But more curious than this absurd ritual is the response of the Vikings' front office to the trade of Randy Moss to Oakland. After the eye of the storm passed, and the personnel people had passed along their obligatory "it was in the best interests of the team" line to anyone who would listen, little was heard of or, apparently, spoken about the trade.

And that's odd. Particularly since the very little bit that we did hear--straight from the owner's mouth--suggested what many fans all along have speculated, that this was a poorly orchestrated trade in which the Vikings were fleeced. And, for no apparent reason, a deal in which the Vikings willingly were fleeced.

The Vikings have used the free agency period to persuade fans that the Moss deal was part of a larger agenda. The plan, the personnel folks have suggested, is to change the team's dynamics by changing the team's philosophy. That required, so goes the implication, that the Vikings part ways with their aerial maestro, Randy Moss. Only by parting with Moss, they have suggested, could the Vikings truly improve their defense. Sacrifices needed to be made.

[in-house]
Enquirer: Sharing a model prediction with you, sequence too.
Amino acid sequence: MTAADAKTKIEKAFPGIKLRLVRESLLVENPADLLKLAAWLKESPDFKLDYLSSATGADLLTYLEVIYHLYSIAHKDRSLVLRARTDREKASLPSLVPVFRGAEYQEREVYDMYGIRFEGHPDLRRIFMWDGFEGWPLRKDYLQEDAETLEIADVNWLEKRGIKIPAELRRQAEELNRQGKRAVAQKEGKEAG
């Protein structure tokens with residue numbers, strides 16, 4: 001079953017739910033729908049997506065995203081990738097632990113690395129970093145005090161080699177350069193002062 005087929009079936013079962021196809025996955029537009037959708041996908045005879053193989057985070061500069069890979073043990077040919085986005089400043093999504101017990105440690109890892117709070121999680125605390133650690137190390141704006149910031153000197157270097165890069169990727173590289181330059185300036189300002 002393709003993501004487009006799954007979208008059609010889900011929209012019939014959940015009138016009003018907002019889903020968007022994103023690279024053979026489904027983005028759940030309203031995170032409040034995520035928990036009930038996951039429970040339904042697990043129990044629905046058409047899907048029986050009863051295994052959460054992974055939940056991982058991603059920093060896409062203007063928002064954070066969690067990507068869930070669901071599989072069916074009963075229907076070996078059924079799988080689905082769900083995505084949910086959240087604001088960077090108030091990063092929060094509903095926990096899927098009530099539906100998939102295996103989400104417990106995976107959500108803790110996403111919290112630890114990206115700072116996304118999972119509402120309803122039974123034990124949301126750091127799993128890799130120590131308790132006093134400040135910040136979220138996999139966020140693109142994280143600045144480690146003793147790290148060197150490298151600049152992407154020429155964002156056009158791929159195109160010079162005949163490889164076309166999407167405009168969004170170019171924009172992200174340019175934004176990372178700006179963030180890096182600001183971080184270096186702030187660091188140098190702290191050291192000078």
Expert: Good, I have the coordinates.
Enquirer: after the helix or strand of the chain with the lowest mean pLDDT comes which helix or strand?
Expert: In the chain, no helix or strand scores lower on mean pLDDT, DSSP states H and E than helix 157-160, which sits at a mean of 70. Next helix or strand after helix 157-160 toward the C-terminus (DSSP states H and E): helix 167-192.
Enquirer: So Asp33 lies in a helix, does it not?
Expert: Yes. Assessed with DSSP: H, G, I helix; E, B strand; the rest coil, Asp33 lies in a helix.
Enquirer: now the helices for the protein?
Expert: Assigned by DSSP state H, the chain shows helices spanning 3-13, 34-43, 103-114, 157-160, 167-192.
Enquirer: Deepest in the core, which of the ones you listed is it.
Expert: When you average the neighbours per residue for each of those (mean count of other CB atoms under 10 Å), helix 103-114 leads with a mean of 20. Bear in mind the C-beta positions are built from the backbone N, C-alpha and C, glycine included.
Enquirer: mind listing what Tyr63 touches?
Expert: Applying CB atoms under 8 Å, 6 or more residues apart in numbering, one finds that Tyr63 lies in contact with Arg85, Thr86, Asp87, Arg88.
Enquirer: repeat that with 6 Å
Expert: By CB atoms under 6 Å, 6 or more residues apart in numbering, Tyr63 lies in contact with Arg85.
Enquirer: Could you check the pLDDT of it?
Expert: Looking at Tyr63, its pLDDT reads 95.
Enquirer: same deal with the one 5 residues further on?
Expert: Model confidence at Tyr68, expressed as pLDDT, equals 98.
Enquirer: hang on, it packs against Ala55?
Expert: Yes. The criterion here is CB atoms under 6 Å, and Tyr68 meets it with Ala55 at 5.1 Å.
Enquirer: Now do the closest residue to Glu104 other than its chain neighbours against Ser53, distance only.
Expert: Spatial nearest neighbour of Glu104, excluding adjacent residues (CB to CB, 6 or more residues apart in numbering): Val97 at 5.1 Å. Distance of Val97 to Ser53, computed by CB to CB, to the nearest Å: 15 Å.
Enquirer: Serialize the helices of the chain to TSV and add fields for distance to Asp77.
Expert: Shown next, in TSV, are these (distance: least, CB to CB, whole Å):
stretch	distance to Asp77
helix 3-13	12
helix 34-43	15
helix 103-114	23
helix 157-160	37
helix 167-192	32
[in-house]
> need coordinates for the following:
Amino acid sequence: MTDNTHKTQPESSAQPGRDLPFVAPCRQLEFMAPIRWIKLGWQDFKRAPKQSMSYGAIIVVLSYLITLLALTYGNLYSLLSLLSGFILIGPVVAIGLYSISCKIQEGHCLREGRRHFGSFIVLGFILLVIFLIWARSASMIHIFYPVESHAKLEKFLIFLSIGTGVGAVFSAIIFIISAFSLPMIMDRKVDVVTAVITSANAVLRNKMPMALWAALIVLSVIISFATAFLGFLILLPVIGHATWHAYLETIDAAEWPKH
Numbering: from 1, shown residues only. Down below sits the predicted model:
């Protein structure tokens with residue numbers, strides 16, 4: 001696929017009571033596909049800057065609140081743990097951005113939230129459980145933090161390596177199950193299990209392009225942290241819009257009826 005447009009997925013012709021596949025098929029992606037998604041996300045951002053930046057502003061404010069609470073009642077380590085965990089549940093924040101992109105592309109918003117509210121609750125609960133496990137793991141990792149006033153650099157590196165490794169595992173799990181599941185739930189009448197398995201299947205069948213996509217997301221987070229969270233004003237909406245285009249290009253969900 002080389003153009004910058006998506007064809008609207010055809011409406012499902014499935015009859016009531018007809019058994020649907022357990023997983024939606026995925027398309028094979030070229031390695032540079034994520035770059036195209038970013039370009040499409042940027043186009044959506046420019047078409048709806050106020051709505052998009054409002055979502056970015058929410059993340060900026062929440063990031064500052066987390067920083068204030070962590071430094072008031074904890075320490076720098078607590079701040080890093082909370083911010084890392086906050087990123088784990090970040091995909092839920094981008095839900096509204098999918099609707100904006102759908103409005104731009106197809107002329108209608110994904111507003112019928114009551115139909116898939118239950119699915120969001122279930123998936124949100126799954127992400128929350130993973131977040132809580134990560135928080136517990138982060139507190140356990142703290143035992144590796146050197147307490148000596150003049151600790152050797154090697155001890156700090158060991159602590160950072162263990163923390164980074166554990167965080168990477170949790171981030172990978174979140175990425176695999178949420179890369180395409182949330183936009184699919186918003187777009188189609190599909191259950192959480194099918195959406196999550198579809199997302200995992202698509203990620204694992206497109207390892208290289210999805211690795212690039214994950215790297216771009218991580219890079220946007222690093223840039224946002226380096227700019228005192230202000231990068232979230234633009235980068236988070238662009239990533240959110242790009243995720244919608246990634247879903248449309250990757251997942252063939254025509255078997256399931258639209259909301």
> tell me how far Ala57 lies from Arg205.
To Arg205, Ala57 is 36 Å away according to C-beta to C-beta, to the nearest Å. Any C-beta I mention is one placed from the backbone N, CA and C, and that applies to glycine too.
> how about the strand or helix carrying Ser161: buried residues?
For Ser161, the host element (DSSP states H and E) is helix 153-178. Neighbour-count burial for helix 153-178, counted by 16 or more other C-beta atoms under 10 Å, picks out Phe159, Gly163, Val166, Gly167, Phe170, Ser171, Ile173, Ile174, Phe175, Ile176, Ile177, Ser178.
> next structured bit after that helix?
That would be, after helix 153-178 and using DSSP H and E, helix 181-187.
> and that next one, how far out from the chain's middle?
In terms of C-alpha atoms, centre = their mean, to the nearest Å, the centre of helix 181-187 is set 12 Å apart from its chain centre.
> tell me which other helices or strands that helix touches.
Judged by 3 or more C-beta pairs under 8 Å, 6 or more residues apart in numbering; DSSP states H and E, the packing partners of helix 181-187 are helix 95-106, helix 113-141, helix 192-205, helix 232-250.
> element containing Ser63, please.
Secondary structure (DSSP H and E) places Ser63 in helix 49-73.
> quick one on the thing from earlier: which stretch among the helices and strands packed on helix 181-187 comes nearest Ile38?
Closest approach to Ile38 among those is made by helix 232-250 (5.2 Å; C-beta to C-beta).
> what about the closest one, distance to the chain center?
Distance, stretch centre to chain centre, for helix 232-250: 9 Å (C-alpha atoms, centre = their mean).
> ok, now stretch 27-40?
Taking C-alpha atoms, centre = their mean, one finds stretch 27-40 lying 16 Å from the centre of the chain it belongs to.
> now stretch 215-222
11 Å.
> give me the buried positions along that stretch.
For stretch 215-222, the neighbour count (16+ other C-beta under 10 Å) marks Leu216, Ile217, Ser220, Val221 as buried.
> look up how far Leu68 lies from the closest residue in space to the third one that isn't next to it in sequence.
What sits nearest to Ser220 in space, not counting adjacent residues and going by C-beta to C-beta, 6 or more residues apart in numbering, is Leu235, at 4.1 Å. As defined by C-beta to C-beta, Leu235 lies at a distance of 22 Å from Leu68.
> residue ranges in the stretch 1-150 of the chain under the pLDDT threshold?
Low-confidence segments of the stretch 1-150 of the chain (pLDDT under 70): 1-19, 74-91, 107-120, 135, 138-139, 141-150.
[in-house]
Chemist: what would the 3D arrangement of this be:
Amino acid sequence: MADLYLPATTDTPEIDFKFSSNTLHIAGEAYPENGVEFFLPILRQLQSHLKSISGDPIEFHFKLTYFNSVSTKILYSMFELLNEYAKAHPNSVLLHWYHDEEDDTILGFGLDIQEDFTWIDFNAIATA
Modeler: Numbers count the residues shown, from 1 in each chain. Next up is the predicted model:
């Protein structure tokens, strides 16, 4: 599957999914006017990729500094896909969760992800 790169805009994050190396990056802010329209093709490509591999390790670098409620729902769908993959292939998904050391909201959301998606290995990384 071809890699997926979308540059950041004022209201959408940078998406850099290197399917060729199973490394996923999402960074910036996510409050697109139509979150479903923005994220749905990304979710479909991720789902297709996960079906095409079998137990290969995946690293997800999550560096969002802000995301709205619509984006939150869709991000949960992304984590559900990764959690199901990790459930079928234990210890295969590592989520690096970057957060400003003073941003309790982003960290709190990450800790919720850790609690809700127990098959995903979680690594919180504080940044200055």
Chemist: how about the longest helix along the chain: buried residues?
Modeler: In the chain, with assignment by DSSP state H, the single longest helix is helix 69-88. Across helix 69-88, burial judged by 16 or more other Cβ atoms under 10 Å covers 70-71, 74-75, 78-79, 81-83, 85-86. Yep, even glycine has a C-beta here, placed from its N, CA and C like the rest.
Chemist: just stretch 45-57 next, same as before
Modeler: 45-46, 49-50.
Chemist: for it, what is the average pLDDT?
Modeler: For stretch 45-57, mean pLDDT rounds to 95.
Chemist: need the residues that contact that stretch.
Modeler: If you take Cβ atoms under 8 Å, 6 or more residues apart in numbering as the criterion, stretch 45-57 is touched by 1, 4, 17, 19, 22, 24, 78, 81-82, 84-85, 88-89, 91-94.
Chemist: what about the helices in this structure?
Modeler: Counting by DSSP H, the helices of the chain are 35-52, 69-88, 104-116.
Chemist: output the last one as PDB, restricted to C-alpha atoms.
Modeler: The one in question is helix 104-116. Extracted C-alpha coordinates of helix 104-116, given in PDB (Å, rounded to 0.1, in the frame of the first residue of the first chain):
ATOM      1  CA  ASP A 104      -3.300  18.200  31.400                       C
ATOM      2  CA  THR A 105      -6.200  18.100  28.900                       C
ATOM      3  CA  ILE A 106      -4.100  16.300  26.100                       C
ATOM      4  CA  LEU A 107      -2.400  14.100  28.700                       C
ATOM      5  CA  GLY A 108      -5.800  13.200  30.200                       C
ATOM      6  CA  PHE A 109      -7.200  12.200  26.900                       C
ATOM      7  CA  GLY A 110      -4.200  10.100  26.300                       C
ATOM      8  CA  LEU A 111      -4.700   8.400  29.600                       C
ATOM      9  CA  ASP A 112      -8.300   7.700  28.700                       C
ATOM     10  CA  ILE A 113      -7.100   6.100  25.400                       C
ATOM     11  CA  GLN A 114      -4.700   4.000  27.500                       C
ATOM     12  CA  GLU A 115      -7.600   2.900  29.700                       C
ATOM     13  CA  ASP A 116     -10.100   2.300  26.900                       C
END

Details Missing

What no member of the Vikings' front office has explained to anyone's satisfication, as yet, is why Moss' departure was necessary to improve the team. Nor has anyone explained why any sacrifice needed to be made of a young star in his athletic prime. At least not one that anyone--including the party who purportedly ordered the trade--is buying.

At first, fans were led to believe that Moss' antics had become too burdensome on teammates. Fans were told he was a distraction, a lockerroom cancer.

That story was plausible. After Moss left the Washington game rather than take the field for an on-side kick in an already lost game, several teammates and coaches openly expressed their disapproval. And, while Moss had every reason to be disgusted with his team's performance and the performance of the coaching staff in that game, it was impossible to excuse his actions. Matt Birk, for one, did not, and spoke of his frustration with Moss' antics. After the season, Daunte Culpepper was quoted as having said that "maybe it is time for a change."

The sound bites made it appear that Moss had worn out his stay in Minnesota, despite the fact that the receiver wanted to remain in Minnesota.